Thrive Center's Justin Barrett offically installed at special service
Thrive Center Chair Justin Barrett
“I am truly grateful to be at Fuller and to be the inaugural
Thrive professor,” Justin Barrett said at his installation service on Thursday,
October 25, where he was officially installed as the chair of the School of
Psychology’s new Thrive Center for Human Development.
“But I’ve got to confess that in my one year at Fuller, I’ve
found my title to be a curse in some ways,” Barrett joked in his installation
address entitled “Dare to Thrive.” “Countless times I’ve been asked what Thrive
stands for. This is an academic institution, so surely it’s some kind of
painfully strained acronym. And I’ve also been asked repeatedly, ‘So, Thrive
professor, are you thriving?’"
Yet, despite what he humorously described is the pressure of having people
expect him to be “perpetually thriving,” Barrett said he considers himself
lucky to be doing the important work of developing resources and conducting
research that will encourage thriving in young people.
“I believe God has called me to be at Fuller and so my
service here is part of my thriving,” Barrett said. “By serving his kingdom at
Fuller, I’m conforming closer to who God would have me be.”
In the service’s opening remarks, President Richard Mouw
told the students, staff and faculty members, who had gathered in Travis
Auditorium to celebrate Barrett and the launch of the Thrive Center, that it
was God’s providential working that brought Barrett and his family to Fuller
Theological Seminary “to help us launch this new initiative in the study of
Barrett came to Fuller in 2011 from the University of
Oxford, U.K., where he taught and served as Senior Researcher for Oxford’s
Center for Anthropology and Mind. He is regarded as one of the founders of the
Cognitive Science of Religion field.
After a scripture reading of Psalm 8, Provost C. Douglas
McConnell praised Barrett for distinguishing himself as a scholar and leader
committed to understanding the challenges of our times.
McConnell charged Barrett with maintaining regular time to
nurture his own relationship with God, to build a center that draws on all the
resources at Fuller, and to remember the school’s mission by working to empower
and inform the “vast network of churches around the world with new ways to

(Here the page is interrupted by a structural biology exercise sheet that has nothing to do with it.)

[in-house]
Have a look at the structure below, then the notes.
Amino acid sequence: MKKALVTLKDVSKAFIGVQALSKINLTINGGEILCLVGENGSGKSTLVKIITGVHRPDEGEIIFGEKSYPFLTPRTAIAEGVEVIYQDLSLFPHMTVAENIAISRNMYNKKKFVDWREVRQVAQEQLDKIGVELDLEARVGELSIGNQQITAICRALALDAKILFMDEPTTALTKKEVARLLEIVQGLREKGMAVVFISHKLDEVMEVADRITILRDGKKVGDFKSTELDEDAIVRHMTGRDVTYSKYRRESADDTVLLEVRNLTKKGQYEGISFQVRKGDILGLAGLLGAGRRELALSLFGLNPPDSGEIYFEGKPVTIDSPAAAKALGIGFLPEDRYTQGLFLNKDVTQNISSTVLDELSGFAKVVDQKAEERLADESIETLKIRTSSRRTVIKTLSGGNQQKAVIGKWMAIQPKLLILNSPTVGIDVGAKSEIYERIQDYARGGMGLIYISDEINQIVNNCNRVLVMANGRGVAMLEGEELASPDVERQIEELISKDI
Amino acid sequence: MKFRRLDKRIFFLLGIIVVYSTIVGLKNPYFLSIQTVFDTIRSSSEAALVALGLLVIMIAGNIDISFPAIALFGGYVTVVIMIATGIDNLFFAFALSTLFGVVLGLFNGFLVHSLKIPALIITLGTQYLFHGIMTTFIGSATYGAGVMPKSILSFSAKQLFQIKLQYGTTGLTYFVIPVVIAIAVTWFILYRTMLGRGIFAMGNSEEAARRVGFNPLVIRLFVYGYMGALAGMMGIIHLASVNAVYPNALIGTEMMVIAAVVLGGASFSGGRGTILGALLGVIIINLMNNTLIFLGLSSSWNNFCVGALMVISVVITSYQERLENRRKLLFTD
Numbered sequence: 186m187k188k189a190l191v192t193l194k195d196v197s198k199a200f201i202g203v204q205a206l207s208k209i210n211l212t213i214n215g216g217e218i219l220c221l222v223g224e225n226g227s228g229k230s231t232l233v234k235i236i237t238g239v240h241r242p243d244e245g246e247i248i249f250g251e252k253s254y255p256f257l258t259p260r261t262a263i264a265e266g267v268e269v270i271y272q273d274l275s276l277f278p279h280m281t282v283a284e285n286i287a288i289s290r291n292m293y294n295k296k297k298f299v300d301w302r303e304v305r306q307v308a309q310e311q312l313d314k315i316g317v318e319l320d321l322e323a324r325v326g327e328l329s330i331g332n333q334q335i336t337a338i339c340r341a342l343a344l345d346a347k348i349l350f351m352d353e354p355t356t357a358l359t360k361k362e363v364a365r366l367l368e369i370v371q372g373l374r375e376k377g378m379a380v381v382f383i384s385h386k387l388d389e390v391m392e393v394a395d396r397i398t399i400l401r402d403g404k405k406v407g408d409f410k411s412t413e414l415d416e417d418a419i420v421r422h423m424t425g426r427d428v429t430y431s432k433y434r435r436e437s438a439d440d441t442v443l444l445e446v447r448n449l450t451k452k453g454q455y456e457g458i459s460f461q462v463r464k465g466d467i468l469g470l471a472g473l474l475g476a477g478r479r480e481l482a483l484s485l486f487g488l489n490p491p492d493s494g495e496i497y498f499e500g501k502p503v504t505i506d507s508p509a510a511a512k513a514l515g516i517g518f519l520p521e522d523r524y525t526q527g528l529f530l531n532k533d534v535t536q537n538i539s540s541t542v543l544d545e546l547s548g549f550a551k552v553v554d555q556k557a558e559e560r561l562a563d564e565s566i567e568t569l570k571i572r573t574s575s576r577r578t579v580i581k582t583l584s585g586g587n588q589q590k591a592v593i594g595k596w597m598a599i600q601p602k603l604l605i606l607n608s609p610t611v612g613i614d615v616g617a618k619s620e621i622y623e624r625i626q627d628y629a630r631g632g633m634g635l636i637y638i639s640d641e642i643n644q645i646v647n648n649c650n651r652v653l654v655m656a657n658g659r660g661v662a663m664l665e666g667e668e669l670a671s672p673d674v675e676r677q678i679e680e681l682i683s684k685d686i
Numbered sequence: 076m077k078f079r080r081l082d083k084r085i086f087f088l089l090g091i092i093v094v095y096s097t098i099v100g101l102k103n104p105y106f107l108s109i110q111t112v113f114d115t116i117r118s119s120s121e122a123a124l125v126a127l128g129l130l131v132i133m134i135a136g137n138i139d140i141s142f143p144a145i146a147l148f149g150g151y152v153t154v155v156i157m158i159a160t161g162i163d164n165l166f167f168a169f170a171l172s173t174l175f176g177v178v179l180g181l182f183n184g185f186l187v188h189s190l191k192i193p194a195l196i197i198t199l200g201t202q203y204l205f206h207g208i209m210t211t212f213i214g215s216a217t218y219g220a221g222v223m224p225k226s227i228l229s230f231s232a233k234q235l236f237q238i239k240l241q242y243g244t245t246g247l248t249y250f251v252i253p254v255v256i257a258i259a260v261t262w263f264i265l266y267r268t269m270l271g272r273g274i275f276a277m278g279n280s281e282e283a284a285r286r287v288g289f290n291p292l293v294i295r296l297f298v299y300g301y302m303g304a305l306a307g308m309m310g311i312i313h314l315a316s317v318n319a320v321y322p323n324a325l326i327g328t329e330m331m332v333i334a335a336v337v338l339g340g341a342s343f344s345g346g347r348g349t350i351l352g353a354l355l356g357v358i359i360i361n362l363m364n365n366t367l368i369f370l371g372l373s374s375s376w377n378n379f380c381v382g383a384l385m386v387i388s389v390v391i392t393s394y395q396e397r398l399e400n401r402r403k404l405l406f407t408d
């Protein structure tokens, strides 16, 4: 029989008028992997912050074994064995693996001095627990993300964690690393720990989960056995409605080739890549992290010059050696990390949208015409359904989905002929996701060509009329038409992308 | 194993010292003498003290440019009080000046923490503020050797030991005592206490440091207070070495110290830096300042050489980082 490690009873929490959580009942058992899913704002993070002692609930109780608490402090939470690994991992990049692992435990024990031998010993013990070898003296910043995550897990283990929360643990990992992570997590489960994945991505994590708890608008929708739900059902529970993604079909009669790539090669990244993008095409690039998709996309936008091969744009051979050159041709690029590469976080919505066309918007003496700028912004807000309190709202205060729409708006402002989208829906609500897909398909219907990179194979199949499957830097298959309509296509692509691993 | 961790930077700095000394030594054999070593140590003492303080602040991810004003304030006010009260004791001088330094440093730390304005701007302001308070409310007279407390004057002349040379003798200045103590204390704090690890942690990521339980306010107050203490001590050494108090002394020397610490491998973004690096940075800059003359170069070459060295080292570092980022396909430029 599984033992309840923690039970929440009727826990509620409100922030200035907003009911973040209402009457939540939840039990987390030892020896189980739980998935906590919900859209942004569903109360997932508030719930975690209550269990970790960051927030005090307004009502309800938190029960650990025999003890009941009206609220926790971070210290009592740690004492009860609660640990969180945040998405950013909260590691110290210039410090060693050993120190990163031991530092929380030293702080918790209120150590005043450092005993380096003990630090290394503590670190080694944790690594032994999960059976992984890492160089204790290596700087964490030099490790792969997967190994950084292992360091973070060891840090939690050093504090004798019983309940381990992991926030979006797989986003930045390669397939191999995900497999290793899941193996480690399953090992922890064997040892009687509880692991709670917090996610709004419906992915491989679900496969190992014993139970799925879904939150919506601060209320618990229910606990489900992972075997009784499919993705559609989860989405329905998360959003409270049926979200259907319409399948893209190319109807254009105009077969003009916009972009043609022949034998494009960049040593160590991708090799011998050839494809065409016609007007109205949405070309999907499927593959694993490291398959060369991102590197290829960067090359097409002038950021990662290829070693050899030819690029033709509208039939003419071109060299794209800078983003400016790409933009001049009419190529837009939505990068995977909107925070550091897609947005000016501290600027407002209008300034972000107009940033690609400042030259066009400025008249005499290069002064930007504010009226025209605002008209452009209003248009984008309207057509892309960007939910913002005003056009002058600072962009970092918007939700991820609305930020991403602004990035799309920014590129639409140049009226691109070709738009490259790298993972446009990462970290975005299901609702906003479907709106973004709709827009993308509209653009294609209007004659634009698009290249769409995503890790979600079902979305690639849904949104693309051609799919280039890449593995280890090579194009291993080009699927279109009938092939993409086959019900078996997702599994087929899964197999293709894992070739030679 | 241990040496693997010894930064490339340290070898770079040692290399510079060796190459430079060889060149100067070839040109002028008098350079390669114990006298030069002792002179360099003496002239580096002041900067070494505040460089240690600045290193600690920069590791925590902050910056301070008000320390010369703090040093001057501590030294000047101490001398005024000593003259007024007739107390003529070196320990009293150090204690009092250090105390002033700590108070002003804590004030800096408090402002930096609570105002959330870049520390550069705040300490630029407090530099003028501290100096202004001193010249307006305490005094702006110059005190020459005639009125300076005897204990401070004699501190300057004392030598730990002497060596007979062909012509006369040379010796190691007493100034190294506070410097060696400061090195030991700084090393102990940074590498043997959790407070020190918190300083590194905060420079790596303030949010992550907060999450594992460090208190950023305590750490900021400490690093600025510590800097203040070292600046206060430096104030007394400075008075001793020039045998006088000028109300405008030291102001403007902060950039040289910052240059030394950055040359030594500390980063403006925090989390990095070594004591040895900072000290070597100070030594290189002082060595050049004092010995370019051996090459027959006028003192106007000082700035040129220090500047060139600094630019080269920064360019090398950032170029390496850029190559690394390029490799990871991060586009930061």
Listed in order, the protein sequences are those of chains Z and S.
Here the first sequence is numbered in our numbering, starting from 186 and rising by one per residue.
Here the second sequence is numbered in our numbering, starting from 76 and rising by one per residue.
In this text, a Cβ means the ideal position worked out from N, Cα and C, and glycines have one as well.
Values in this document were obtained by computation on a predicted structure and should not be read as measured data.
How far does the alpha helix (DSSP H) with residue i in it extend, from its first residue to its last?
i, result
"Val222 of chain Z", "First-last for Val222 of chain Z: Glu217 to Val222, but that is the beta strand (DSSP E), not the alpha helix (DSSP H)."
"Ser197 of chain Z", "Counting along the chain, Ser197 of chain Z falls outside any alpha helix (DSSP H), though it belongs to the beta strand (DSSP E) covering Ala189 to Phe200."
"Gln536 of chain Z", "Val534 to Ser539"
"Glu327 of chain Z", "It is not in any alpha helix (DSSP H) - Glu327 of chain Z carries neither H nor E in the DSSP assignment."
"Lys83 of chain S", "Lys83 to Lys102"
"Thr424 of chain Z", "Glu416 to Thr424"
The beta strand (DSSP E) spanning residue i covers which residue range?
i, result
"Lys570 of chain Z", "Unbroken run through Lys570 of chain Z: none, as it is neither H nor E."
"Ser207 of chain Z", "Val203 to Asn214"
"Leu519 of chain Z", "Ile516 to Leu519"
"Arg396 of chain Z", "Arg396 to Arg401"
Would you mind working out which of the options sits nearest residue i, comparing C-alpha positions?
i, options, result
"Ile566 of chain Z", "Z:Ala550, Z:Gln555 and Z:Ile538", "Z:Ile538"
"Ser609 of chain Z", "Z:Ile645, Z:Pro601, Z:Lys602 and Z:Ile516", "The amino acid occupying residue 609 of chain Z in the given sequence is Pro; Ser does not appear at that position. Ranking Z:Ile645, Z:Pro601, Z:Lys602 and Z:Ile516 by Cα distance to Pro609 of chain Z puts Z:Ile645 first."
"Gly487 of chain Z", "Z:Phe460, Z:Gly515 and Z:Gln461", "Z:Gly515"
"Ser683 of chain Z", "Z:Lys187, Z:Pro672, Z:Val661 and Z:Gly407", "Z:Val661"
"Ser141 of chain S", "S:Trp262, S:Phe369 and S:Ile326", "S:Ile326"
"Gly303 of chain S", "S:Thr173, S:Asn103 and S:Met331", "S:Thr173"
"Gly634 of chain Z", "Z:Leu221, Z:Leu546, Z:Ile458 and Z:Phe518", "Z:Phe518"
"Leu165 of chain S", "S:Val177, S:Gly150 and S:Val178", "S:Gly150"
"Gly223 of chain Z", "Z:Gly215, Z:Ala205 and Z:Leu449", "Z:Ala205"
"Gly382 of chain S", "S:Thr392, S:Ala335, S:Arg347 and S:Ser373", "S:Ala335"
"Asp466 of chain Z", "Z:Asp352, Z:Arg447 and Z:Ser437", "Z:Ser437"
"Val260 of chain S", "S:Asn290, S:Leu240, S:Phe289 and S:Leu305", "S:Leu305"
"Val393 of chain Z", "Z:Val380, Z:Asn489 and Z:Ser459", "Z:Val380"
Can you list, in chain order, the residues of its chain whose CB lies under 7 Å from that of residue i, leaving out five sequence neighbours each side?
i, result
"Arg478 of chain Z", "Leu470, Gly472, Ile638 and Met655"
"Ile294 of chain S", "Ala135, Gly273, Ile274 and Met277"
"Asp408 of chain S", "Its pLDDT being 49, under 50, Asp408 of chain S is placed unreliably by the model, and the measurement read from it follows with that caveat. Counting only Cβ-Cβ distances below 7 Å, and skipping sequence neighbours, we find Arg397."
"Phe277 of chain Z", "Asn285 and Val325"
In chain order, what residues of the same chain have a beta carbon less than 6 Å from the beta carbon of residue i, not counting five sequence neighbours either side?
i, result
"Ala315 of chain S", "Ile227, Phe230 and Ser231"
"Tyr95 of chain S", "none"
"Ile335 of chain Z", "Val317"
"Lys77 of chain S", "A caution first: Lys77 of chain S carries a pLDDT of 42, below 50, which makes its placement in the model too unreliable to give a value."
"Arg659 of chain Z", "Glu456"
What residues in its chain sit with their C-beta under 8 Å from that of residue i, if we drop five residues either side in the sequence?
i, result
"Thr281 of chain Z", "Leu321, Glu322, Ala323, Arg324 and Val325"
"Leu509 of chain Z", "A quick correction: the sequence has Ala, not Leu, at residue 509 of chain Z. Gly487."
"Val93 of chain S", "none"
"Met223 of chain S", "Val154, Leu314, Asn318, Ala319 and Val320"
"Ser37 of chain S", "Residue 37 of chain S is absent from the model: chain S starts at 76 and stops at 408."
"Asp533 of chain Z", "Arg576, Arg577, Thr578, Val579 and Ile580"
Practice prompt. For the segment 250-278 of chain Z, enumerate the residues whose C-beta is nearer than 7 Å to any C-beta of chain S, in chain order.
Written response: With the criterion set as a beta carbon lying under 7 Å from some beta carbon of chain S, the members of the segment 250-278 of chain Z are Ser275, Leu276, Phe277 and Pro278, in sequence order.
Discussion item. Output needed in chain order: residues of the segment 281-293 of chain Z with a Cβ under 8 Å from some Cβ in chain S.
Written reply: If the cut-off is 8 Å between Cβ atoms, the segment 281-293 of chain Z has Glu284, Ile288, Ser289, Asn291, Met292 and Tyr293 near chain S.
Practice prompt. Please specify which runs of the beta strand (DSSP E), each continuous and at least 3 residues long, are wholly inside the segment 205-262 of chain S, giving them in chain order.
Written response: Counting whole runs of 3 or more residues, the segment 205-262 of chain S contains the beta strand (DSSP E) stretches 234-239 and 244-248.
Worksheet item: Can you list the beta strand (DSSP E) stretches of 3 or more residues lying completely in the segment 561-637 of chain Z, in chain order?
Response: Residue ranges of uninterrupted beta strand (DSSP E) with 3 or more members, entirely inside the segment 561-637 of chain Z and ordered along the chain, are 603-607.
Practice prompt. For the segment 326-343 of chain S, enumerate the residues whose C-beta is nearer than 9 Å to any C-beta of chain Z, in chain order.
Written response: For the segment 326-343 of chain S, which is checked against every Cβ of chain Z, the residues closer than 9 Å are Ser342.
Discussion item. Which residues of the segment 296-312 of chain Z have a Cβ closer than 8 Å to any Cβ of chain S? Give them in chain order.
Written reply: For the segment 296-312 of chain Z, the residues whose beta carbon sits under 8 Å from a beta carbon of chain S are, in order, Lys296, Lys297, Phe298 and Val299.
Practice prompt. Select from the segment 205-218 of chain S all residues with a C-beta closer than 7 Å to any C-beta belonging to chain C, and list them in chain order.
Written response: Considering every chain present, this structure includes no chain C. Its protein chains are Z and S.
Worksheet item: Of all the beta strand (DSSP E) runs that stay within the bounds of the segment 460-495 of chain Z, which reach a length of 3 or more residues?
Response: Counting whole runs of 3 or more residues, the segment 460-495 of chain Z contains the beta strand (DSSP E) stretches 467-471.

assist their young people” to the glory of God.
A number of Barrett’s colleagues were invited to lay hands
on the new Thrive chair as School of Psychology Dean Winston Gooden offered a
prayer of dedication that asked God to crown Barrett’s efforts with success.
In his address, Barrett offered an invitation and a
challenge. He invited the attendees to join the Thrive Center in exploring what
it means to thrive and urged them to dare to thrive in their own lives.
“It seems to me that we live in a world in which we can too
often be consumed with being healthy or being happy or being content, but
relatively unconcerned about whether or not we are thriving,” Barrett said. “Be
someone who does not settle for being okay or good, but dare to thrive.
Consider who it is that God has created you to be and chase after it.”
The service concluded with the singing of “O for a Thousand
Tongues to Sing,” which includes the verse, “My gracious Master and my God,
assist me to proclaim, to spread through all the earth abroad the honors of thy
Celebration of the Thrive Center’s launch continued into the
afternoon with a special lecture by actor and film producer John Shepherd of
The lecture, which also honored Fuller friends Robert and
Dorothy King, was titled “The Media, Film, and Human Thriving.” In an engaging
presentation that included film clips and anecdotes, Shepherd explained how he
strives to promote thriving by injecting popular culture with value-affirming
stories and inspirational characters.